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Use of Concept Maps to Assess Student Sustainability Knowledge

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2014 ASEE Annual Conference & Exposition


Indianapolis, Indiana

Publication Date

June 15, 2014

Start Date

June 15, 2014

End Date

June 18, 2014



Conference Session

Innovative Assessment Techniques in Civil Engineering Courses

Tagged Division

Civil Engineering

Page Count


Page Numbers

24.1305.1 - 24.1305.18



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Paper Authors


Mary Katherine Watson The Citadel, The Military College of South Carolina Orcid 16x16

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Dr. Mary Katherine Watson is currently an Assistant Professor of Civil and Environmental Engineering
at The Citadel. Prior to joining the faculty at The Citadel, Dr. Watson earned her PhD in Civil and
Environmental Engineering from The Georgia Institute of Technology. She also has BS and MS degrees
in Biosystems Engineering from Clemson University. Dr. Watson’s research interests are in the areas
of engineering education and biological waste treatment. Specifically, she has been involved in research
projects to develop, refine, and apply innovative assessment tools for characterizing student knowledge
of sustainability. Her ultimate goal is to use this assessment data to guide the design and evaluation of
educational interventions to improve undergraduate sustainability education. In the area of bioprocessing,
Dr. Watson has experience using bacteria and algae to convert waste materials into high-value products,
such as biofuels.

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Joshua Pelkey AirWatch

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Joshua Pelkey is currently a product manager at AirWatch in Atlanta, GA. He completed his MS in Electrical and Computer Engineering at GT and his BS in Computer Engineering from Clemson University. He has conducted research and lead design projects in a variety of fields, including mobile device management, wireless communications, and remote monitoring of environmental systems. Joshua has been very interested and well-versed in sustainability issues since his tenure as an Engineers without Borders member and webmaster at Clemson.

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Caroline R. Noyes Georgia Institute of Technology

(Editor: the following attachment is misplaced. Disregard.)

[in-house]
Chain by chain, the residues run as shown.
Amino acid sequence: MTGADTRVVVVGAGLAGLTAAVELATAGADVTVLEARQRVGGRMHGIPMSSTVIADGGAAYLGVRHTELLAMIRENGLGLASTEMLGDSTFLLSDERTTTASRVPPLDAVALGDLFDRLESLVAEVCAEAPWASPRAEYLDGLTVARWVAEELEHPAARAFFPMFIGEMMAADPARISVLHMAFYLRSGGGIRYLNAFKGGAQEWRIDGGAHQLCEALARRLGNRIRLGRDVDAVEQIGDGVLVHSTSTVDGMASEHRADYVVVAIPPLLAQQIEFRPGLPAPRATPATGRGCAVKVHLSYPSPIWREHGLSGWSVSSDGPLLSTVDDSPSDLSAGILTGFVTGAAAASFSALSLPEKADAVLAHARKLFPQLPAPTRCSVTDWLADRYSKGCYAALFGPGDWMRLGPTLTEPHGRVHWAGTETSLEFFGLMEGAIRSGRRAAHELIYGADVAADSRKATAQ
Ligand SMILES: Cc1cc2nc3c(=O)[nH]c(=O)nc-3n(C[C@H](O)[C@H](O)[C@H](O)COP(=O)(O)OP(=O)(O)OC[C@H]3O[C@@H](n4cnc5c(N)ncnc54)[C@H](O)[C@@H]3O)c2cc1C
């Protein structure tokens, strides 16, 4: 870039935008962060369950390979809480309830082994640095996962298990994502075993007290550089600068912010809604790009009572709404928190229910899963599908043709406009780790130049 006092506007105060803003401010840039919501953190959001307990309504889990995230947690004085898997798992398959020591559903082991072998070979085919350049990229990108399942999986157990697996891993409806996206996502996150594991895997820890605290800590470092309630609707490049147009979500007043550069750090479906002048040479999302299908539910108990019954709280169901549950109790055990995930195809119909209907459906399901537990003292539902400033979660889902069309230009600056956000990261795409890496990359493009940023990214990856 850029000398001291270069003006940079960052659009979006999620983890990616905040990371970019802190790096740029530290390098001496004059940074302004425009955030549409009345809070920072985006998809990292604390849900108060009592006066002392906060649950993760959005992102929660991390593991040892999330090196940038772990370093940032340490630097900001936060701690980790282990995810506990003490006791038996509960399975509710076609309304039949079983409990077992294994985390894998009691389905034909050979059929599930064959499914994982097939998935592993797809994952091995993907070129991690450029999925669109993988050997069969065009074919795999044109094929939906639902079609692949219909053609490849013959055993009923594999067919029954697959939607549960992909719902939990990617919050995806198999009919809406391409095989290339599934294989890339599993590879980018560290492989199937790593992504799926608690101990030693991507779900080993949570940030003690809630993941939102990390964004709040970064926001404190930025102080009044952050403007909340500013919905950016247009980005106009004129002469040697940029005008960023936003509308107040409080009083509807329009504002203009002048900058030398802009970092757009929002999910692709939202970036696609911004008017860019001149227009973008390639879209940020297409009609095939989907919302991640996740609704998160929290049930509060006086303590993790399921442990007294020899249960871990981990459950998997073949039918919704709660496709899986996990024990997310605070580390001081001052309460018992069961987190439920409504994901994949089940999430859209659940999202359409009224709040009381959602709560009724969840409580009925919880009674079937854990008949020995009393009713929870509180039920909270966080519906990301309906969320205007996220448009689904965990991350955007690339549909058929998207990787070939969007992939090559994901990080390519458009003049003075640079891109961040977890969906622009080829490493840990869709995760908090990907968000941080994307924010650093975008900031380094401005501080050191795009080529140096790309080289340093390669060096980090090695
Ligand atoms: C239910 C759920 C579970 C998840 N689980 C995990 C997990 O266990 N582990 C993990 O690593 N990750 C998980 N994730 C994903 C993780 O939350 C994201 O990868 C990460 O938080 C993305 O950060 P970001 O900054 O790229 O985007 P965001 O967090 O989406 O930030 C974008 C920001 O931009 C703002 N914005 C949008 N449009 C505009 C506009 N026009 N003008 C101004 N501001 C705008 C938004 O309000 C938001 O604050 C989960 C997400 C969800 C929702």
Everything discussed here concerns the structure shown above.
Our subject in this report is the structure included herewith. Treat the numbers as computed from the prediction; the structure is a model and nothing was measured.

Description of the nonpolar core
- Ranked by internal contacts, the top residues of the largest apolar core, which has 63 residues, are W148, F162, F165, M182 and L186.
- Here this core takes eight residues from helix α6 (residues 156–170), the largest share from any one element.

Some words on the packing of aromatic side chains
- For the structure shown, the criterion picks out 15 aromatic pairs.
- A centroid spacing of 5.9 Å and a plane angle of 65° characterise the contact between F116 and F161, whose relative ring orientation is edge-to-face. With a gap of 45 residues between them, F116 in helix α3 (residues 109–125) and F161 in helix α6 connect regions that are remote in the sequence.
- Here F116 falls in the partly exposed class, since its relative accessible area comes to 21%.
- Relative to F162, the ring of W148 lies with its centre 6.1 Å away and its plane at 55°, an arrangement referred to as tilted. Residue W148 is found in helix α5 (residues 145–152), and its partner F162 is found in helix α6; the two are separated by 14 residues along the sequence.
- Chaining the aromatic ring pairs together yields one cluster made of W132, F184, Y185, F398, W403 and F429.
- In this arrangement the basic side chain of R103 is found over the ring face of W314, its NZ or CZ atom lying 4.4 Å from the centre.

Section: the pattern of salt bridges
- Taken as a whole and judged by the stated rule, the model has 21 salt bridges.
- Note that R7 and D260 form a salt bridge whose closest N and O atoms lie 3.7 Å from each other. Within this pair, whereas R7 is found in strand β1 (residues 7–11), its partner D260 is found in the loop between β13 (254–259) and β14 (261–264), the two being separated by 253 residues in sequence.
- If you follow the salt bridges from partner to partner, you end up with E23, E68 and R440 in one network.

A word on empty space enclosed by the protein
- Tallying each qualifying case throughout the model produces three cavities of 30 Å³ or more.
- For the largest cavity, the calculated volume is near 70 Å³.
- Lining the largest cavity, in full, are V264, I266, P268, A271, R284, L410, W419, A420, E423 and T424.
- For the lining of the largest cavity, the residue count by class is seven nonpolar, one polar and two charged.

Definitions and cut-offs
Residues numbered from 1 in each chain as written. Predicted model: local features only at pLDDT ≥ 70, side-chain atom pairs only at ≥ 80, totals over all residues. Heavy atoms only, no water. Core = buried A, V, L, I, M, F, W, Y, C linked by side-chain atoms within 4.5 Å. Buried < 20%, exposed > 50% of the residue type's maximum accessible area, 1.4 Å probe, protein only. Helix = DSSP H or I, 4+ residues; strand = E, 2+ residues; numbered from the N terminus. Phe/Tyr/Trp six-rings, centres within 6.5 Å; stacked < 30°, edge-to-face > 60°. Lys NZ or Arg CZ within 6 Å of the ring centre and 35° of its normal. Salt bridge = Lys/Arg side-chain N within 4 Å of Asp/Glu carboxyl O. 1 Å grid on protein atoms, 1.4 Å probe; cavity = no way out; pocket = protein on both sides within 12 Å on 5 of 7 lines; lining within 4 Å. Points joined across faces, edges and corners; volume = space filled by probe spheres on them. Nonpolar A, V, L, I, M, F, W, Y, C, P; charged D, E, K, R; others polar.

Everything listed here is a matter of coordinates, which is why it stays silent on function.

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Caroline Noyes is trained as an educational psychologist, and her education and work have focused on assessing student learning both in and outside of the classroom. Experiences in both academic affairs and student affairs provide her with a holistic understanding of the modern university and a broad collection of assessment methodologies suitable to a variety of situations. As her intellectual pursuits turned increasingly towards broader applications of educational assessment and evaluation, she left the classroom and moved to an administrative position focusing on both academic assessment of student learning and program evaluation. This administrative move has allowed her to increase use of qualitative assessment methods, and to enhance her skills in survey design.

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Michael Owen Rodgers Georgia Institute of Technology

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Dr. Michael Rodgers is a research professor in the Georgia Tech School of Civil and Environmental
Engineering and a principal research scientist and distinguished technical fellow with the Georgia Tech
Research Institute. Over the last thirty plus years, Dr. Rodgers has held various academic, research and
administrative positions including serving as director of the Georgia Tech Air Quality laboratory from
1988 to 2008. He currently serves as deputy director for Research and Technology Transfer for National
Center for Transportation Productivity and Management at Georgia Tech.

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Assessment of Student Sustainability Knowledge using Concept Maps As the global landscape continues to evolve, engineers will be required to adapt their skills and professionalpractices to meet the needs of present and future generations. As a result, it is imperative that engineering educatorsstrive to equip their students with the knowledge necessary to act as sustainability-conscious engineers. Accuratesustainability knowledge assessments can aid in this endeavor by informing the design and evaluating theeffectiveness of efforts to infuse sustainability content into undergraduate courses and curricula. A study was conducted to demonstrate the efficacy of using concept maps (cmaps) to examine studentsustainability knowledge. Specifically, seniors enrolled in a Civil and Environmental Engineering (CEE) capstonedesign course at the Georgia Institute of Technology (Georgia Tech) participated in a concept mapping workshopwhere they completed cmaps on the focus question: “What is sustainability?” Cmaps were analyzed using threedifferent scoring approaches found in the literature: the traditional method, the holistic method, and the categoricalmethod. Results indicated that inter-rater reliability, based on Krippendorff’s alpha, was acceptable for all threescoring approaches. For CEE at GT, these results support the need for educational interventions to guide students indeveloping sustainability knowledge networks that are balanced (in breadth and depth) and interconnected. Broadly,this study elucidates for engineering educators how to administer and score cmaps as sustainability knowledgeassessments.

Watson, M. K., & Pelkey, J., & Noyes, C. R., & Rodgers, M. O. (2014, June), Use of Concept Maps to Assess Student Sustainability Knowledge Paper presented at 2014 ASEE Annual Conference & Exposition, Indianapolis, Indiana. 10.18260/1-2--23238

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